I hook up my laptop to the tv to watch my videos. One thing that always bugged me was that I would have to get up if I wanted to forward, change audio or subtitles, etc. Then I read some guides of people using Nokia and Sony Ericsson phones as bluetooth remote controls. Since my Blackberry Pearl has bluetooth, I decided to try it out but had no luck in Windows. After some hard work and research, I was finally able to make this happen in Ubuntu.
This guide is written specifically for the Blackberry Pearl 8100 but should be applicable to other Blackberry phones as well. Also it can probably be adapted to work with other cellphones as well. Lastly, I accomplished this on Ubuntu 8.10 Intrepid Ibex, so I have no idea if it will work with other versions too.
"Your cell phone should support JSR-82 or event-reporting feature. If You do not have any information just try to use anyRemote, firstly in Server mode, then in AT-mode" -anyRemote website.
Basically your phone has to be able to use Java with bluetooth (most modern phones with BT will probably have no problem). As far as I know, the 8xxx Blackberry phones have support for this.
For getting Java files on Nokia phones, you might want to read this: http://www.tim.id.au/blog/2007/05/25/anyremote-on-ubuntu/
To get the computer and the phone talking to each other you need to make sure the bluetooth service is active (if it is you'll see a bluetooth icon in the panel). Next you will need to install a program on your phone and on your computer (this program will translate your phone keystrokes to commands in Ubuntu).
SETTING UP THE PHONE
1. Go to http://anyremote.sourceforge.net/dload.html. Go to the 'Java Client for WAP download' and from there download any of the jar files (they are all the same program - the only difference is that the files have different icon sizs - I used the file with 16x16, 32x32, and 64x64 icon sets).
2. After getting the jar file, transfer it to your Blackberry. If you have a media card, you should be able to use the 'massive USB storage feature' to get it on there. You might even be able to transfer the file via bluetooth, although it will probably be slow.
3. On your phone, go to Media, click the menu button, and select explore. Browse to the jar file and select it. Click 'Download' to install the application.
SETTING UP THE COMPUTER
1. Open Synaptic, search for 'anyremote', and mark it for installation. Also search for 'pybluez' and mark it for installation as well. Then hit apply to install. (Note: the anyRemote package from the website is newer but depends on libbluetooh2. Ubuntu 8.10 has libbluetooh3)
2. Go back to the anyRemote site (http://anyremote.sourceforge.net/dload.html) and download the following (.deb packages):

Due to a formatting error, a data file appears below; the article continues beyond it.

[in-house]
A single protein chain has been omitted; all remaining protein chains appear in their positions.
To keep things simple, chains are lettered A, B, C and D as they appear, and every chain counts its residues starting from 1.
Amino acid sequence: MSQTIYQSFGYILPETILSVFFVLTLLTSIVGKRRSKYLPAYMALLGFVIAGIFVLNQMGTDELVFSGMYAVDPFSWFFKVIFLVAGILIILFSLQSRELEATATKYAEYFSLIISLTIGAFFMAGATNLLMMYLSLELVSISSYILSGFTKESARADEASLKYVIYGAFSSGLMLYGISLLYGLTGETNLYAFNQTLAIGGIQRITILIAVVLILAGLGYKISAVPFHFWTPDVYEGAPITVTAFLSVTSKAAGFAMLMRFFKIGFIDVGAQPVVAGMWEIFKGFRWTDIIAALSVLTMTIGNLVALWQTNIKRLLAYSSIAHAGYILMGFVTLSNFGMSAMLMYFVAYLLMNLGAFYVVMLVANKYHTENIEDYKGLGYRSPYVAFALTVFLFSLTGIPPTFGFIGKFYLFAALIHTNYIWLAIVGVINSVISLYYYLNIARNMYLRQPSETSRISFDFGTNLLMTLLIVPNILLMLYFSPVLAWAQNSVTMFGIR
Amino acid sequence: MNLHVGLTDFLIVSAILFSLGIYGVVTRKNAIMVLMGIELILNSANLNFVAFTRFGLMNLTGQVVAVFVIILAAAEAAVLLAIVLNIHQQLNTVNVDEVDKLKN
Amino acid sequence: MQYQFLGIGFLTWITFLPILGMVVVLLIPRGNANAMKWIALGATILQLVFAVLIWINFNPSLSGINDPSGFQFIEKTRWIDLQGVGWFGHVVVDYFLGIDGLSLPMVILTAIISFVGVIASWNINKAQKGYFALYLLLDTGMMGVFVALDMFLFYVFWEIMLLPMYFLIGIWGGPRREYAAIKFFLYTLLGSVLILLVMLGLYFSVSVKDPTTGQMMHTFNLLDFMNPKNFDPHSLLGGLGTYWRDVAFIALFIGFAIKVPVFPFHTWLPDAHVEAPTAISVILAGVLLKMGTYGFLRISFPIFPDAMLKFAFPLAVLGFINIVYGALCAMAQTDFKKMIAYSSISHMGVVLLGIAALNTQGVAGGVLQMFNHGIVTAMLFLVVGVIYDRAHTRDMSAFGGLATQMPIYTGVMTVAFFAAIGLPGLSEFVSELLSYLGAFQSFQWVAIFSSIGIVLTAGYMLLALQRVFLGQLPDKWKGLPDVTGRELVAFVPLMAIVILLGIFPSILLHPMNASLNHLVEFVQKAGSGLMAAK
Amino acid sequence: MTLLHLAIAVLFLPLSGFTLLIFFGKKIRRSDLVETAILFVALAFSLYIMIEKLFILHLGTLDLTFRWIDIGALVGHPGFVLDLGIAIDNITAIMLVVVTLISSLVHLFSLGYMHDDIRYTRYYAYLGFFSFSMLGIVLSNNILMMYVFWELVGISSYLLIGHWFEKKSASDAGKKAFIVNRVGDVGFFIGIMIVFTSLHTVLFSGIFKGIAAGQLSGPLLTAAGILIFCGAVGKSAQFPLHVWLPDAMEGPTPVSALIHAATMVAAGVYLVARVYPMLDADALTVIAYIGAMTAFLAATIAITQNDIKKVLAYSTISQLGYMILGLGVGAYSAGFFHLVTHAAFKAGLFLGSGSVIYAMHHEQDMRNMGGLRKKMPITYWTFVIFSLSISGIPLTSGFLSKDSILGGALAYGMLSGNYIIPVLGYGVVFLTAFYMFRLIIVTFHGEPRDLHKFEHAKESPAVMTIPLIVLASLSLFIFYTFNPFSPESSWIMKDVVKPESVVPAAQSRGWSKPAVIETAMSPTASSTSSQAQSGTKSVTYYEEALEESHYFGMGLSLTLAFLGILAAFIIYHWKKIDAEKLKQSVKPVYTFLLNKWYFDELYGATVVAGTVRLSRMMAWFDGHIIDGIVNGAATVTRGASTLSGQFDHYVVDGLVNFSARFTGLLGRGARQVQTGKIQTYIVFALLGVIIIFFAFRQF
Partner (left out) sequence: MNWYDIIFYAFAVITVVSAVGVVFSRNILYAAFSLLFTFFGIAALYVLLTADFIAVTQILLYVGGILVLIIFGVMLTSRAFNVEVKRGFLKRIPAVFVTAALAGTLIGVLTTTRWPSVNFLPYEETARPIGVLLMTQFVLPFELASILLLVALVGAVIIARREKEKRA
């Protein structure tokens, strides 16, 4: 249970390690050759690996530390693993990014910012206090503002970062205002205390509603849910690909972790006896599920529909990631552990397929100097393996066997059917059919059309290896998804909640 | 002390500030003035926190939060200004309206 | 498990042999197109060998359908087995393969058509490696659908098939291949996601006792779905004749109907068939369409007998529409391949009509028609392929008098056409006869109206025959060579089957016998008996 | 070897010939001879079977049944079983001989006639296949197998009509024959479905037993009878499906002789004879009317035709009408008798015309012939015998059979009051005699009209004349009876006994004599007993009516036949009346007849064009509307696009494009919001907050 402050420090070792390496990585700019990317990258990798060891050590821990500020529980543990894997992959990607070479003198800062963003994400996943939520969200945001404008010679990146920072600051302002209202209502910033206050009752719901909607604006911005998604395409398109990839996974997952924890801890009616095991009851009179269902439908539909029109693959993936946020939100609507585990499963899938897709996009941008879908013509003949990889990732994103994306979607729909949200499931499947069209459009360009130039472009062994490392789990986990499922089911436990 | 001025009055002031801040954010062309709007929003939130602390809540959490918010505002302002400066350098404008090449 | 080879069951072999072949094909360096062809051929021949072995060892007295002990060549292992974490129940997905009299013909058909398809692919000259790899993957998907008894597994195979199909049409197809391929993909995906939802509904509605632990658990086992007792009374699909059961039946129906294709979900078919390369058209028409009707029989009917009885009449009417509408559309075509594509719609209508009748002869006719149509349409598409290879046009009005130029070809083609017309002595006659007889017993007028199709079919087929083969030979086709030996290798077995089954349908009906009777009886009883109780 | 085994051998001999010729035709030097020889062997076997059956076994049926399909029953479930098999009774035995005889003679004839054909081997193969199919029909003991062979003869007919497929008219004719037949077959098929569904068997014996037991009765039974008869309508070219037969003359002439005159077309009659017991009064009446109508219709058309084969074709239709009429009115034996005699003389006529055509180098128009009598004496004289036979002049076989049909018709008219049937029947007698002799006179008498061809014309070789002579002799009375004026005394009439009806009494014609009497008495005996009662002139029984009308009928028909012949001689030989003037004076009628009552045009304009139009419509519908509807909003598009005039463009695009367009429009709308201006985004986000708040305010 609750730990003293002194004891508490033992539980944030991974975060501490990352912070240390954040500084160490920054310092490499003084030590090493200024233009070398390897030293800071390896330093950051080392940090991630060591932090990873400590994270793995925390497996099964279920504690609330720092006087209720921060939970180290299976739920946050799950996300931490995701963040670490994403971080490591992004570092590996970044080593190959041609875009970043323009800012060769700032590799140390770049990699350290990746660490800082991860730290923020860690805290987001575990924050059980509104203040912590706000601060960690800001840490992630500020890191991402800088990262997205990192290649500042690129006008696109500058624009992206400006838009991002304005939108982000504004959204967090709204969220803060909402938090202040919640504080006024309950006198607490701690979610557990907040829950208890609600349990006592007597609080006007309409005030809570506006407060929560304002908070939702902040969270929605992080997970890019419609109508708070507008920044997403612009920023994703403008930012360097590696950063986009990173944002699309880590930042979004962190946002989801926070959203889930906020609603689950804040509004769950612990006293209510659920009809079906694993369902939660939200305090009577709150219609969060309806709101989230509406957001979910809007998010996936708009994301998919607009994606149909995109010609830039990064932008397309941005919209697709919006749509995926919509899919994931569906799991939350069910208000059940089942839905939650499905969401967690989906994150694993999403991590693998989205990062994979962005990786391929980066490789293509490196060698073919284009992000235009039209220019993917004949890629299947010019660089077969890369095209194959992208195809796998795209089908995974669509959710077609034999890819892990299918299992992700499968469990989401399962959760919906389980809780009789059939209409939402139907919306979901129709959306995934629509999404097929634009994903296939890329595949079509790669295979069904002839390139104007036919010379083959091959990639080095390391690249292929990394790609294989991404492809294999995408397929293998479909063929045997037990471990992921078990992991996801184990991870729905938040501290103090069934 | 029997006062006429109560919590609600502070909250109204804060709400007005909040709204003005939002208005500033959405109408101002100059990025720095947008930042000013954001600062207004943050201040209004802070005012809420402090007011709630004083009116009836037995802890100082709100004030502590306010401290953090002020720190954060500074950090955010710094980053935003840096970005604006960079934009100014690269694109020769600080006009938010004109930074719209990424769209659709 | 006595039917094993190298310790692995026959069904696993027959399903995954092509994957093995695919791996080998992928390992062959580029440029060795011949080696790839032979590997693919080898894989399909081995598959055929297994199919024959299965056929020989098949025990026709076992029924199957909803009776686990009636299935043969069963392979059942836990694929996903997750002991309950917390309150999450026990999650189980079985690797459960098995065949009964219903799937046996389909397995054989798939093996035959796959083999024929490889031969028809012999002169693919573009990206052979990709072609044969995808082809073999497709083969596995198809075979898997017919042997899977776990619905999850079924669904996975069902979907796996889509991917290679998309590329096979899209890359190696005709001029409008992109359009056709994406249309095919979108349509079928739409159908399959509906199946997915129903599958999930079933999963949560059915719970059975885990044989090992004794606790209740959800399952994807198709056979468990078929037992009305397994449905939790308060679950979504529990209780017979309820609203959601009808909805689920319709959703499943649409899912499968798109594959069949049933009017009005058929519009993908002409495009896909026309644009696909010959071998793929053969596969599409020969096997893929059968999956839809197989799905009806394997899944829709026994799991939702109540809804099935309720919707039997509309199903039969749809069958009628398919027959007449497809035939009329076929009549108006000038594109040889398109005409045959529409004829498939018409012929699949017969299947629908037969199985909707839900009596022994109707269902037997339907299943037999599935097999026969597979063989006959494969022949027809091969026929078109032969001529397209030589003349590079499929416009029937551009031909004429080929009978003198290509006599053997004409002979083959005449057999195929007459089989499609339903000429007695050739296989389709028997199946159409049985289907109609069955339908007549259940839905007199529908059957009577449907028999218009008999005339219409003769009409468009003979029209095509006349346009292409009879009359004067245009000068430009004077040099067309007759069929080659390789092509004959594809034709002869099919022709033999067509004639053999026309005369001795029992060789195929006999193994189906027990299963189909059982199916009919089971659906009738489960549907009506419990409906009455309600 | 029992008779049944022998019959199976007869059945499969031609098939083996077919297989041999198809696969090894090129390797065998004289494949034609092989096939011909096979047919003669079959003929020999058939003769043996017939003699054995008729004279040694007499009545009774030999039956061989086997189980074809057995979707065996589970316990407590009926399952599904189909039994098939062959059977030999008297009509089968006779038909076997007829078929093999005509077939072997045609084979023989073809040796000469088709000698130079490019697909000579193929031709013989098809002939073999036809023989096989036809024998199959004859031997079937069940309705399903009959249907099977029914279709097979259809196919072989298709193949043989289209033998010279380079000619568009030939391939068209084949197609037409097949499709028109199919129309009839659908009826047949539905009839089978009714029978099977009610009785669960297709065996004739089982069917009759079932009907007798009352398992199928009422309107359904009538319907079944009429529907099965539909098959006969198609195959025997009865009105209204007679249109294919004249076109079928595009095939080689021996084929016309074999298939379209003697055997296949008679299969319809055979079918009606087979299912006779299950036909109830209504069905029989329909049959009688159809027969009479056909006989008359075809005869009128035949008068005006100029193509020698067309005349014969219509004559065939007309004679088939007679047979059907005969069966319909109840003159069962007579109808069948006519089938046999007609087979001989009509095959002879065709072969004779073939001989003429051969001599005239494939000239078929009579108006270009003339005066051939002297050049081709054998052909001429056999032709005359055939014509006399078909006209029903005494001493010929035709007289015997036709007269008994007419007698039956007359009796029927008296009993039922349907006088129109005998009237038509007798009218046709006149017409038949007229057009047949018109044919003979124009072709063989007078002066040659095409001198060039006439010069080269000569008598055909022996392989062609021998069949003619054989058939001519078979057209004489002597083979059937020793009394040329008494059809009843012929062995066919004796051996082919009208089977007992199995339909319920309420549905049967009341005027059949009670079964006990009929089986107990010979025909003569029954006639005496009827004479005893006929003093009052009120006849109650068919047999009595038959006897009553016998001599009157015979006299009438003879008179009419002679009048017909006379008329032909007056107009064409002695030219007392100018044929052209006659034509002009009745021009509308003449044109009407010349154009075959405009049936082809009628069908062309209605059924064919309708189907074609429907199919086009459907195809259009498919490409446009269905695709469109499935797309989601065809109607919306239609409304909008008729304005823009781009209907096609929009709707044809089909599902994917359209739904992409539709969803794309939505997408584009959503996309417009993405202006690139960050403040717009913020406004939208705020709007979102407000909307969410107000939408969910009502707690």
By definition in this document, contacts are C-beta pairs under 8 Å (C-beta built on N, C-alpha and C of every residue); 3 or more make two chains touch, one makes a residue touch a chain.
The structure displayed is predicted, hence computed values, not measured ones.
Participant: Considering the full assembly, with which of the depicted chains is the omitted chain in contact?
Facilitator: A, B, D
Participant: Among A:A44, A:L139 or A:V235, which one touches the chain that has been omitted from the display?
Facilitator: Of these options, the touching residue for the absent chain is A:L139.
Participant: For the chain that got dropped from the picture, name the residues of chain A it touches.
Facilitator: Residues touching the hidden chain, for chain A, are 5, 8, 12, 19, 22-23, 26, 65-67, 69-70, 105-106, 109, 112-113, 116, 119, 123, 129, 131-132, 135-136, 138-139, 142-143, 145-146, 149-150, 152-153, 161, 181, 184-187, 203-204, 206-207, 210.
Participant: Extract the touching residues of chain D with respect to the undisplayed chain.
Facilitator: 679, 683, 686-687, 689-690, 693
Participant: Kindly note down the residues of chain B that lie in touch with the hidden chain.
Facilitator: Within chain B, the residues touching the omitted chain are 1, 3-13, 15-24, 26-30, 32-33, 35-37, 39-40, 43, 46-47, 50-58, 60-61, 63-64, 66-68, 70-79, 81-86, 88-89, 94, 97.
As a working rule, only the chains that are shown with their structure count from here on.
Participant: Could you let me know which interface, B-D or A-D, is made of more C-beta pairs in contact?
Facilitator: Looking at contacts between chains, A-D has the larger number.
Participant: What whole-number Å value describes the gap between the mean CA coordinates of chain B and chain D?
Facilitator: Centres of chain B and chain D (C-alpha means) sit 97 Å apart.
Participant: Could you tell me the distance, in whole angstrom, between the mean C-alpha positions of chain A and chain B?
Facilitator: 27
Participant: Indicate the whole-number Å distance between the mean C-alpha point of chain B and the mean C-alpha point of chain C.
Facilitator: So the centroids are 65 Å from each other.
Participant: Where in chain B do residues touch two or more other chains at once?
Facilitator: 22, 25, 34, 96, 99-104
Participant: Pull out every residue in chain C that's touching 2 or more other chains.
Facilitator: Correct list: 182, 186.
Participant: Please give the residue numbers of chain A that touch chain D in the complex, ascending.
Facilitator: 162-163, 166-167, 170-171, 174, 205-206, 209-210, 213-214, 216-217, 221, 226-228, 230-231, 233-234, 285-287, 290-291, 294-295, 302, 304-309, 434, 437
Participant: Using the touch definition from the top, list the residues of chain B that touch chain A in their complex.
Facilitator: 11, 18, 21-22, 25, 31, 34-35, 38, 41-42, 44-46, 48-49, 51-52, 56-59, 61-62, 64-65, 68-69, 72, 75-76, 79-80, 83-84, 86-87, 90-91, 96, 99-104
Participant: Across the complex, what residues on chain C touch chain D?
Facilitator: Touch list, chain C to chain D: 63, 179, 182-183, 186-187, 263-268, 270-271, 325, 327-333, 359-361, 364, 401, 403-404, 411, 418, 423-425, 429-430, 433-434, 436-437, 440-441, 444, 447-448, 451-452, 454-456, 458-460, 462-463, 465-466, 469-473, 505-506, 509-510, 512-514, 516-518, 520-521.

-gAnyRemote (kAnyRemote if using Kubuntu)
After downloading, double click on the .deb packages to install.
1. After installing everything, pair up the phone with the computer (For Blackberrys go to 'Set Up Bluetooth' and follow the directions. It should be able to find your computer after which it will ask you to enter a PIN. Enter any PIN and press ok. You should now see a popup in Ubuntu asking for the PIN. Click on it and enter the same PIN and your devices should be paired up.
2. Start up gAnyRemote (Applications > System Tools). If it gives a message about the Bluetooth service not being active just ignore it. You should see a remote icon in the panel. Click on it to bring up the anyRemote window. Go to Setup > Preferences and under 'Show in list' check 'all.' Click OK.
3. Select the application you want to run and click start (more on this later).
4. In your phone, start up anyRemote, and from the menu, select search. It should find your computer and any other bluetooth devices you may have. Then select your computer device and from the menu click connect.
Now key presses on your phone should translate into actions on your computer.
This application is very powerful and has a load of configurations that will allow you to control a variety of applications, keyboard, and even mouse movements. The key to configuring to your liking is to get familiar with the configuration files in /usr/share/anyremote/cfg-data. There is thorough documentation available on the anyRemote website.
I have attached my personal gnome-mplayer configuration below, which was edited from the mplayer configuration file. With this I can browse media files on my phone, open them up and play them in gnome-mplayer. Since I mostly watch dual-audio .mkv files, I added the option to change audio language and subtitles. My configuration is below:
1 2 3
4 5 6
7 8 9
* 0 #
1: Seek back (equivalent to down key)
2: Change audio track
3: Seek forward (equivalent to up key)
4: Rewind (equivalent to left key)
6: Forward (equivalent to right key)
7: Toggle fullscreen
8: Toggle/change subtitles
9: Toggle control ((equivalent to C key)
0: In-phone file browser
#: Quit player
If you want to use this configuration, download it to any directory and, in gAnyRemote, go to Setup > Preferences and add the directory containing the configuration file. The application will be available in the main window. Just start it, connect your phone to your computer and you will be good to go.